It’s hard to describe the feeling at that first look into North Korea from the Dora Observatory, just outside the Demilitarized Zone (DMZ) separating North and South Korea. Through coin-operated telescopes, tourists can gaze toward a North Korean empty propaganda village along the border, and farther to the city of Kaesong, North Korea’s third largest. Speakers blare western music – right now it is Air Supply’s Making Love Out of Nothing At All – toward the border, believing that these 24-hour sounds of freedom might somehow elicit defections from the North. We share our view with a nearby watchtower, soldiers always on the lookout.
For the umpteenth time, I ask myself how a war zone can be a tourist destination.
The North Korean city of Kaesong from the Dora Observatory
The Korean War began in 1950 with the North invading the South, and nearly conquering the entire country before intervention by the United States. Subsequent involvement by China on the side of the North turned the conflict into a full-blown war between an existing superpower and a rising one. Hostilities ended with an armistice agreement in 1953, but the war technically goes on today, and there have at times been shots exchanged since, such as the 2010 sinking of a South Korean naval vessel by a North Korean submarine.
At the signing of the armistice, the DMZ was created, stretching two kilometers on each side of the border. It is one of the most heavily mined areas of the world, with more than 2 million landmines combining with two powerful militaries to act as deterrent to further hostilities. Both sides actively patrol just beyond the DMZ, and military encampments are more common than civilian towns.
The only way to see the DMZ is by organized tour, and my bus is full on this Sunday morning. With the summit between South Korean President Moon Jae-In and North Korean dictator Kim Jong Un scheduled for the following Friday, we aren’t even sure we will be allowed in, as security arrangements can derail these tours on a not infrequent basis. Luck holds, though, and we are allowed to proceed.
The first checkpoint is a surreal experience. South Korean soldiers board the bus to check all of our passports, and the bus is allowed a specific amount of time within the DMZ. We are advised only to take photos where expressly permitted.
A South Korean checkpoint
It is soon very evident that we are in a conflict zone. The narrow road winds through what would seem an idyllic forest were it not for the signs on both sides indicating active minefields. These and the barbed wire fences holding them are commonplace in the DMZ, and our guide tells us that it is estimated that it would take more than 200 years to clear all of the mines dropped in the area. Fences even prevent those south of the DMZ from approaching the riverbanks as mines may have floated down and lodged there. It stands in stark contrast to the flower-lined boulevards of nearby Seoul.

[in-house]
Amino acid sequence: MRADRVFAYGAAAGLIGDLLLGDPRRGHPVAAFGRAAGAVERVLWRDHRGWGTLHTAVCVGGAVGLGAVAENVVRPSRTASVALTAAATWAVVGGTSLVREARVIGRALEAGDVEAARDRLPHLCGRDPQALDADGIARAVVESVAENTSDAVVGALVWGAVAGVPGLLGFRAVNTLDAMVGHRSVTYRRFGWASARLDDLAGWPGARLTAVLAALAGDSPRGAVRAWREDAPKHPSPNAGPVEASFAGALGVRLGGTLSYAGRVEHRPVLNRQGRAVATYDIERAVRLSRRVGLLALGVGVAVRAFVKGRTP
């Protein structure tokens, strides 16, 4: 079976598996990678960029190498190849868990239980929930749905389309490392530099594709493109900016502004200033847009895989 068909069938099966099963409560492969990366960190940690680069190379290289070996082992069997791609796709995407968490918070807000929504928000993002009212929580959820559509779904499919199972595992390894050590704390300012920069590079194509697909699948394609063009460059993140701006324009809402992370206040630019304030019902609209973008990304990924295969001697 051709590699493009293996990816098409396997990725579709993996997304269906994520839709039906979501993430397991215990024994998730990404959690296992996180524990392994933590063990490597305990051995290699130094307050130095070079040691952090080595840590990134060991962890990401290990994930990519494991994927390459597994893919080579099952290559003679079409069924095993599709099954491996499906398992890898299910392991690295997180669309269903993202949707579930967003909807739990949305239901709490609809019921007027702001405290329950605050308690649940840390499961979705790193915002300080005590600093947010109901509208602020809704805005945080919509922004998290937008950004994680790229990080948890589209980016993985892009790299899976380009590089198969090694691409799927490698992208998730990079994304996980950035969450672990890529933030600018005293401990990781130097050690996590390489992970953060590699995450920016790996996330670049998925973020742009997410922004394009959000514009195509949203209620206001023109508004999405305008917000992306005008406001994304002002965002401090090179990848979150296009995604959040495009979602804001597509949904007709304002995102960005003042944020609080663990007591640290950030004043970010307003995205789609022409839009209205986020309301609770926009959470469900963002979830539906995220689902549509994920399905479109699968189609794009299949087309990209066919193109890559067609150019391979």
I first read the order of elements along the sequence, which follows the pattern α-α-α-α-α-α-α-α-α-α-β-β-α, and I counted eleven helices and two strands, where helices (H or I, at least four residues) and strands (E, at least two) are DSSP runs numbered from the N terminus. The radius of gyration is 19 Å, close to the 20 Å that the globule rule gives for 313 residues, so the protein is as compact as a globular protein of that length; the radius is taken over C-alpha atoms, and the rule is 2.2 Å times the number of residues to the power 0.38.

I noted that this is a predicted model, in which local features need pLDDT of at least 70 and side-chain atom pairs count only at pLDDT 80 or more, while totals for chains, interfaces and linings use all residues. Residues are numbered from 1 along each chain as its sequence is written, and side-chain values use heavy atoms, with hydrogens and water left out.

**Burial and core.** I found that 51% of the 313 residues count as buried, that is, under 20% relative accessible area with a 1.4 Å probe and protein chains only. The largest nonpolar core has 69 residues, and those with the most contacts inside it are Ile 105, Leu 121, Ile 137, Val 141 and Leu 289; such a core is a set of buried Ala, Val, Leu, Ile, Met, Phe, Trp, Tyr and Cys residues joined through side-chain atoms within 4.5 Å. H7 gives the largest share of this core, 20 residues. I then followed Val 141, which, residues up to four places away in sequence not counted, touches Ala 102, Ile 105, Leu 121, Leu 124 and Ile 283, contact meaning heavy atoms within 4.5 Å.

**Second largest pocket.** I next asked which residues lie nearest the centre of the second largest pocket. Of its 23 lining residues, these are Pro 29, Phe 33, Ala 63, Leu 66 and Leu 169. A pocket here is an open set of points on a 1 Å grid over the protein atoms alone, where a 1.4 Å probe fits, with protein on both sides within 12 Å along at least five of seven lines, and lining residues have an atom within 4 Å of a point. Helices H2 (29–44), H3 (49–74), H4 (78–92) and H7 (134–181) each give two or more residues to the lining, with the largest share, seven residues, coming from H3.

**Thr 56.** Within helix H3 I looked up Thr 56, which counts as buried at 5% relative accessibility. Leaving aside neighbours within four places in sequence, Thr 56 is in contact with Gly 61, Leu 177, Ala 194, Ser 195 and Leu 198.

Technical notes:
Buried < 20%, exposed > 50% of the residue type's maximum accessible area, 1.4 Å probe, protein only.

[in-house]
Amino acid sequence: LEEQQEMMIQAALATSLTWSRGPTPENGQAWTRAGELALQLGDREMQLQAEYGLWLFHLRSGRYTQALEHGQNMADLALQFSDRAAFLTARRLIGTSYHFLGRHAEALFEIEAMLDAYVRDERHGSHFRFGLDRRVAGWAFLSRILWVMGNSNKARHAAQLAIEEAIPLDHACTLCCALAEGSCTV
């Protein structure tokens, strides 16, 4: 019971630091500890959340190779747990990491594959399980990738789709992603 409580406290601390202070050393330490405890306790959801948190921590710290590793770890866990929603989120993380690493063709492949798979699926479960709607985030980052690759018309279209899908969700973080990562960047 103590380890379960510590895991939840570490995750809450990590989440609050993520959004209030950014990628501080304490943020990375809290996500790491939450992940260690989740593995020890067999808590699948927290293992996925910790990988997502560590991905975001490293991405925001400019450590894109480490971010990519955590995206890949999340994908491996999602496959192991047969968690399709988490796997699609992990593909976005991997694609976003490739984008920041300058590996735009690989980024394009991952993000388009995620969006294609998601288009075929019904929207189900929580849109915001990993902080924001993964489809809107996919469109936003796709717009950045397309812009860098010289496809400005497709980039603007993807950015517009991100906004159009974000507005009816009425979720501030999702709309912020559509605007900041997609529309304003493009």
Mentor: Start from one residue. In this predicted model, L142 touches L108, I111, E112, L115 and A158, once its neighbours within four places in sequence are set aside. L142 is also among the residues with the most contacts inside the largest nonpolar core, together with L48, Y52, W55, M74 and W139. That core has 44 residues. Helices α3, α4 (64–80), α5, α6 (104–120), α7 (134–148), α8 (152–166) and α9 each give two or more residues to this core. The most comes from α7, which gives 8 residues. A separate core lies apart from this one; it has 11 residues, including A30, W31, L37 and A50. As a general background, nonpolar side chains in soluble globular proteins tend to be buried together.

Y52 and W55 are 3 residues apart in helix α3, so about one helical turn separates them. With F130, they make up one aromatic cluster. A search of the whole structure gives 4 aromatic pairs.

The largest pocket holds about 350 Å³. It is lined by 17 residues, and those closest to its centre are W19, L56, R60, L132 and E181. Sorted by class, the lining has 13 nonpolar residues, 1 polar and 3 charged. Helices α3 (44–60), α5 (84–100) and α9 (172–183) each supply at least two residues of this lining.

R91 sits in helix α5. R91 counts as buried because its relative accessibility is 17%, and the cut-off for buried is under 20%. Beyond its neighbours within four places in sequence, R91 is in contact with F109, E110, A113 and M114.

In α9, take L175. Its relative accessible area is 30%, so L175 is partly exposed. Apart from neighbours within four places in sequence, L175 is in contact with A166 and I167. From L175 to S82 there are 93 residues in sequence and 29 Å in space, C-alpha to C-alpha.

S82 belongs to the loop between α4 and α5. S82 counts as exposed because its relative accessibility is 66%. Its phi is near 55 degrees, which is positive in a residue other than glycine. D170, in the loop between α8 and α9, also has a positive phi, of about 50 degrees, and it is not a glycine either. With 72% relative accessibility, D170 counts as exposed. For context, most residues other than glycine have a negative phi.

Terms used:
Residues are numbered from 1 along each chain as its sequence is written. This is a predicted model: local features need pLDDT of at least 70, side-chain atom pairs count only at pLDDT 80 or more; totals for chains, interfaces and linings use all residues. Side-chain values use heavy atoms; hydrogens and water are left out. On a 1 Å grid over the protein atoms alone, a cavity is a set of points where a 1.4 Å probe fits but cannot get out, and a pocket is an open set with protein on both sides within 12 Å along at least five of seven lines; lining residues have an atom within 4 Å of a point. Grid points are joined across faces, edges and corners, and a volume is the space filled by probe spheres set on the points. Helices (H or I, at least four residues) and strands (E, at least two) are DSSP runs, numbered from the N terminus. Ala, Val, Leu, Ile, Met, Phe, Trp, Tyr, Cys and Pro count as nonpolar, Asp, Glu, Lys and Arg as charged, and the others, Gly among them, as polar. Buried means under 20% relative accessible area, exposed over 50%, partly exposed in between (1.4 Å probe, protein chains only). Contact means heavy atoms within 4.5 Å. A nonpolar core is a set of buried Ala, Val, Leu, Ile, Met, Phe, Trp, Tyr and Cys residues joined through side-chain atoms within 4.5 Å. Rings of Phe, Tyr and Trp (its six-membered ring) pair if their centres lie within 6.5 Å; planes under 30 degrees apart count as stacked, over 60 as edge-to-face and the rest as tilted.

One of many signs warning of an active minefield
The struggle between conflict area and tourist destination continues as our bus pulls up to a small museum connected to the so-called Third Infiltration Tunnel. Four such tunnels have been discovered to date, though speculation is that many more exist. Built to try to sneak a North Korean army under the DMZ, this tunnel is 240 feet below the ground. Photography was not permitted inside, but after a steep walk down and wearing construction helmets, we were able to walk through the tunnel to within about 400 yards of the North Korean border. Back outside, we have a chance to pose for photos next to the DMZ sign. It is an emotionally confusing experience.
Yours truly doing my part as a tourist
Not all in the DMZ is a celebration of war, though. There is the undercurrent of hope. Our group heads to Dorasan Station, the northernmost stop on the South Korean rail lines, and what is hoped will be the connection ultimately for Koreans free to travel between the North and South. Inside, tourists can get their passports stamped with a commemorative (read: not political) design honoring this dream.
A sign in Dorasan Station offers hope of a united Korea.
The final stop on our tour is Freedom Bridge. The site of a mass prisoner exchange at the end of hostilities, it represents the last true contact between North and South, and the last time a mass of people crossed the border. Today, it is a site of pilgrimage for South Koreans, who tie ribbons to a fence with notes to their relatives in the North. Looking through the fence at the guard station, one can’t help but wonder if reunification of families will ever happen.
Hope and war, the dichotomy of the DMZ
We stand at an interesting moment in history. After the much-acclaimed summit between Moon and Kim, peace seems potentially attainable for the first time in generations. While history also tells us that nothing is certain – or even likely – that hope is the meaning I found in the DMZ, and why I am glad it is open to tourists. The propaganda music, ribbons at the freedom bridge, and Dorasan Station stand in stark contrast to the reasons the DMZ was created, and offer a glimmer of positivity in the face of what has been unending war. And certainly if there can be hope in a place such as this, we can find that in all areas of life.
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2 thoughts on “Finding Meaning in the DMZ”
Jonathan, you started this blog by asking how can a war zone be a tourist destination. I think you answered it. Tourist destinations need not be fun. They can be educational.